Tales in Possible
— February 7, 2017
Microsoft CEO Satya Nadella sat down with MBA student Wedad Audi for a Q&A jointly hosted by NYU Tandon School of Engineering and NYU Stern on Feb 7.
Left to Right: Peter Henry, Dean of NYU Stern School of Business; Chandrika Tandon, NYU Board Member; Satya Nadella, Microsoft CEO; Katepalli Sreenivasan, Dean of NYU Tandon
It was standing room only at the NYU Global Center for Academic and Spiritual Life on February 7, as Chandrika Tandon took the stage to introduce Satya Nadella to an excited audience of students from her namesake School of Engineering and the Stern School of Business. Nadella has held the top spot at Microsoft since 2014 and has been widely credited with revitalizing that iconic tech company, so it was no surprise that he was greeted as something of a rock star by the aspiring engineers and businesspeople in attendance.
His corporate mission, as he explained during his address, is to empower every person and every organization on the planet to achieve more. “That’s not merely a slogan on a poster,” he stressed, “it’s why we show up every day.” Nadella recalled that even as a child in his native India, Microsoft had reached him through its products, vastly expanding his horizons. He is determined to continue that democratization of technology initiated by the company’s founder, Bill Gates. “Bill dropped out of school to found Microsoft, and his first product was a BASIC interpreter for the Altair (an early desktop computer), so we were born, right from the start, to create tech that will allow others to create.”
Stern MBA candidate Wedad Audi (who confidently introduced herself as a former Microsoft intern and a future full-time hire), moderated a Q&A session, and Nadella answered each query with careful consideration and thoughtful advice. Among the takeaways were:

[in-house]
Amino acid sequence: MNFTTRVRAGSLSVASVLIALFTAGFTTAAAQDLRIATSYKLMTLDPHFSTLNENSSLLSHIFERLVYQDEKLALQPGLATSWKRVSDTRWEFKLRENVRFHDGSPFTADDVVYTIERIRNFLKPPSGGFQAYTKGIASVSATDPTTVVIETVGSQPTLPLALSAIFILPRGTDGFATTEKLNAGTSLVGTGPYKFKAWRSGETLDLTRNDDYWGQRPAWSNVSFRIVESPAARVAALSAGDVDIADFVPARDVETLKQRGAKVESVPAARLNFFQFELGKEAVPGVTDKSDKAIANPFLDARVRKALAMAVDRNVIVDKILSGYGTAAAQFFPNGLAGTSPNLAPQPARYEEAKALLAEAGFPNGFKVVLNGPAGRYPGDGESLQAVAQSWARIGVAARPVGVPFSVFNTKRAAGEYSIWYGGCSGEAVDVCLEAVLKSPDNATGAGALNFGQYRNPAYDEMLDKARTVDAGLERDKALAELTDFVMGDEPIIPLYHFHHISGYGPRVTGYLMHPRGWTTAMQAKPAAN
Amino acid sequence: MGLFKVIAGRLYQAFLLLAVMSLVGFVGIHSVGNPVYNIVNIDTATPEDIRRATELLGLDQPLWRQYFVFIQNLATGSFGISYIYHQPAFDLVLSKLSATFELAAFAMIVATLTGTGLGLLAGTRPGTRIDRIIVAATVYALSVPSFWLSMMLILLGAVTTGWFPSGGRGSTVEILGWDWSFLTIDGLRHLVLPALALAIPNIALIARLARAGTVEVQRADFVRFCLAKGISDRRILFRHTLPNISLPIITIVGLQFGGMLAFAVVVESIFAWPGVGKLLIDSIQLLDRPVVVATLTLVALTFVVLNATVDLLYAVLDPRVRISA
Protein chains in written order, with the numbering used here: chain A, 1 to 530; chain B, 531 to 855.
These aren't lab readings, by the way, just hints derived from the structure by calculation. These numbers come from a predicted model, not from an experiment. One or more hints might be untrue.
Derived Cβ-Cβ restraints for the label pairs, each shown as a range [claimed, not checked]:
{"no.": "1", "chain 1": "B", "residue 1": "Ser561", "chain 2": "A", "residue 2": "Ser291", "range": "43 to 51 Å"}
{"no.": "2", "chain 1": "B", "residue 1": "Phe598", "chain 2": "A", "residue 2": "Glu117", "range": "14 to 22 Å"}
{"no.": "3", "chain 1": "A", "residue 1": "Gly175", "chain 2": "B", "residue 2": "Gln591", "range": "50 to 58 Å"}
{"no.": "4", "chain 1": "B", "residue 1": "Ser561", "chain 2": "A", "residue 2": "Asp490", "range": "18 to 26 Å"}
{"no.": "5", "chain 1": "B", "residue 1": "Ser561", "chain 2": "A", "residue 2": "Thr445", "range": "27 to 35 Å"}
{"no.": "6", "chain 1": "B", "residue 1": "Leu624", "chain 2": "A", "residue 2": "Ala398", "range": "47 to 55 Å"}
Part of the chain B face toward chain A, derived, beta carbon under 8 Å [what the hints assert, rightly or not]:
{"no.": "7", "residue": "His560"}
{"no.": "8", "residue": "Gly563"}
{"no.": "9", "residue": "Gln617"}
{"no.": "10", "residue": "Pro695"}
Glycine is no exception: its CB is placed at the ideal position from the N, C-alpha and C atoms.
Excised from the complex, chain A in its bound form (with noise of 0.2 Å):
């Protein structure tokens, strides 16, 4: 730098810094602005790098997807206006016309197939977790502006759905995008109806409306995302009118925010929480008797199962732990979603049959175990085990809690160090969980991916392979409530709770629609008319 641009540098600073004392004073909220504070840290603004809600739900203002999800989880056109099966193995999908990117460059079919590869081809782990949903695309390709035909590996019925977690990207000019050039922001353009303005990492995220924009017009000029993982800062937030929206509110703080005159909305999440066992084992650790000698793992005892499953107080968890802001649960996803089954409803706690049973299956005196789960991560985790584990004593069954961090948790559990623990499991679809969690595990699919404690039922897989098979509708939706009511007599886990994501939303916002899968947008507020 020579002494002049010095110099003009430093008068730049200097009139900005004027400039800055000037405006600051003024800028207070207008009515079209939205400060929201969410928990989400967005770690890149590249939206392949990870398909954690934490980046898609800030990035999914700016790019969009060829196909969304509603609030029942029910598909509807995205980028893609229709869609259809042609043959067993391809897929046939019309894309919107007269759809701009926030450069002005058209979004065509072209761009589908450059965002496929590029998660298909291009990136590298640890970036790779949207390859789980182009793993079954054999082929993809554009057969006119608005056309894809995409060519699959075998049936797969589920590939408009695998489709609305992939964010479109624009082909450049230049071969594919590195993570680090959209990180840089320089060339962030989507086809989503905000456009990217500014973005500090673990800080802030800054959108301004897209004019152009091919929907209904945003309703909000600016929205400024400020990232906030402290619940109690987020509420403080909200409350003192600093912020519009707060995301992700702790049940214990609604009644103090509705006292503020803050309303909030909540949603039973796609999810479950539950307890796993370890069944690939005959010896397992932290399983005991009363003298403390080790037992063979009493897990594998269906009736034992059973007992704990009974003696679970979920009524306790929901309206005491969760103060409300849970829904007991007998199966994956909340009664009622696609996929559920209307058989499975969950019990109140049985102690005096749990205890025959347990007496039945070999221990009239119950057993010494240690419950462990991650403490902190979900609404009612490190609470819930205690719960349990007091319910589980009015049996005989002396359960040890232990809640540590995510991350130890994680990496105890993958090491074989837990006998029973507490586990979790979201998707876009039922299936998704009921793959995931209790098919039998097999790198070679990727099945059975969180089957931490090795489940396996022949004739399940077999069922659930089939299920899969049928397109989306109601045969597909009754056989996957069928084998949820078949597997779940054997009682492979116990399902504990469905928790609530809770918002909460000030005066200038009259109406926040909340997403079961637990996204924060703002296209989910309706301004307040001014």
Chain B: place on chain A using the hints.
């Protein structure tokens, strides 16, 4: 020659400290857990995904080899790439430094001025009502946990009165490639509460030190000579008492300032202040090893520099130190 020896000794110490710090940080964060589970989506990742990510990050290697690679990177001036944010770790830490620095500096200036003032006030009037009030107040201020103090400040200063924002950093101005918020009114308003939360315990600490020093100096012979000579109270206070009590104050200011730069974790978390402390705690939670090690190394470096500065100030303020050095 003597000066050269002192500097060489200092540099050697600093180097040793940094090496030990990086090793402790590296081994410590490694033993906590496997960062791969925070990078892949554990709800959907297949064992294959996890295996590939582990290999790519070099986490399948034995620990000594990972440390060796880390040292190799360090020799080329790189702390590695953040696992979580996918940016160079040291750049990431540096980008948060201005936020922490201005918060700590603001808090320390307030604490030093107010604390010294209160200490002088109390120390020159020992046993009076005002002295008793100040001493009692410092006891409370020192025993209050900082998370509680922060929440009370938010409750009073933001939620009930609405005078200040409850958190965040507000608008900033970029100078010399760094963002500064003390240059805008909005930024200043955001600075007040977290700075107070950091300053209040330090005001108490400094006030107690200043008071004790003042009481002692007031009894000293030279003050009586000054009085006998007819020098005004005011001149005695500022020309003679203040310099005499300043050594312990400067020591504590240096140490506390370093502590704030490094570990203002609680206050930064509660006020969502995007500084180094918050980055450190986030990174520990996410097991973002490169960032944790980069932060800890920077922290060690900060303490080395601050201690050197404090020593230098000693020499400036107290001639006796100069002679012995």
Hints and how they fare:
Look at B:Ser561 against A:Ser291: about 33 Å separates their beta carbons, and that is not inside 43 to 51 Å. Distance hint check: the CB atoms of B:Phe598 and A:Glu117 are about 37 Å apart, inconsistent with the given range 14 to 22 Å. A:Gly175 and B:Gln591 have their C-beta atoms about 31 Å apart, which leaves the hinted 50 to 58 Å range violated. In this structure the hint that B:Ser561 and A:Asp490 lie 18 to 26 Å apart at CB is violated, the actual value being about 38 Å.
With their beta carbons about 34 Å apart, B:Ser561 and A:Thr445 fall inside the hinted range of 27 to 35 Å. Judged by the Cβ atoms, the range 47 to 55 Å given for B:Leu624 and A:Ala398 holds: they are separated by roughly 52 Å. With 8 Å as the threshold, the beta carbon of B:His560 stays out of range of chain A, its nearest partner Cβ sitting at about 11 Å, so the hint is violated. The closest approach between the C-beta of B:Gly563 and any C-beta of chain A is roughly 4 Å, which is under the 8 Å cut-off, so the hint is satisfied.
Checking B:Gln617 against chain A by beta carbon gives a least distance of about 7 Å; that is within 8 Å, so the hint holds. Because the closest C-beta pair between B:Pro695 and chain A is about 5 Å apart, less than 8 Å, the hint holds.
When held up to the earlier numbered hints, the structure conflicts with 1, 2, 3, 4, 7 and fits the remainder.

- All businesses are essentially becoming tech businesses — from fast-food enterprises using voice recognition to speed the ordering process at the drive-through window to car services deploying image recognition for increased safety
- The last day of school is far from the last day of your education; you must always retain the ability to listen and learn
- If you listen well enough, you’ll be able to meet needs your customer hasn’t even articulated yet
- The line between confidence and hubris is thin, so be careful not to cross it
- Always strive to be a “learn-it-all,” not a “know-it-all”
Before addressing the students, Nadella met with Tandon’s dean, Katepalli Sreenivasan; Stern’s dean, Peter Henry; Mrs. Tandon; and a select group of professors (Justin Cappos, Rumi Chunara, Luke DuBois, Siddharth Garg, and Vittoria Flamini from the School of Engineering, and Anindya Ghose, Panos Ipeirotis, Sonia Marciano, Arun Sundararajan, and Alex Tuzhilin from the business school). The imperative for strong and trusted partnerships between academia and industry was a much-discussed theme. “We need growth, and that comes only from innovation, and innovation starts with research like that being done here,” Nadella said. Echoing Dean Sreenivasan’s assertion that technology must be used for the benefit of society, he continued, “I’m energized by seeing how quickly human knowledge is expanding and thinking of how that knowledge can be put to best use.”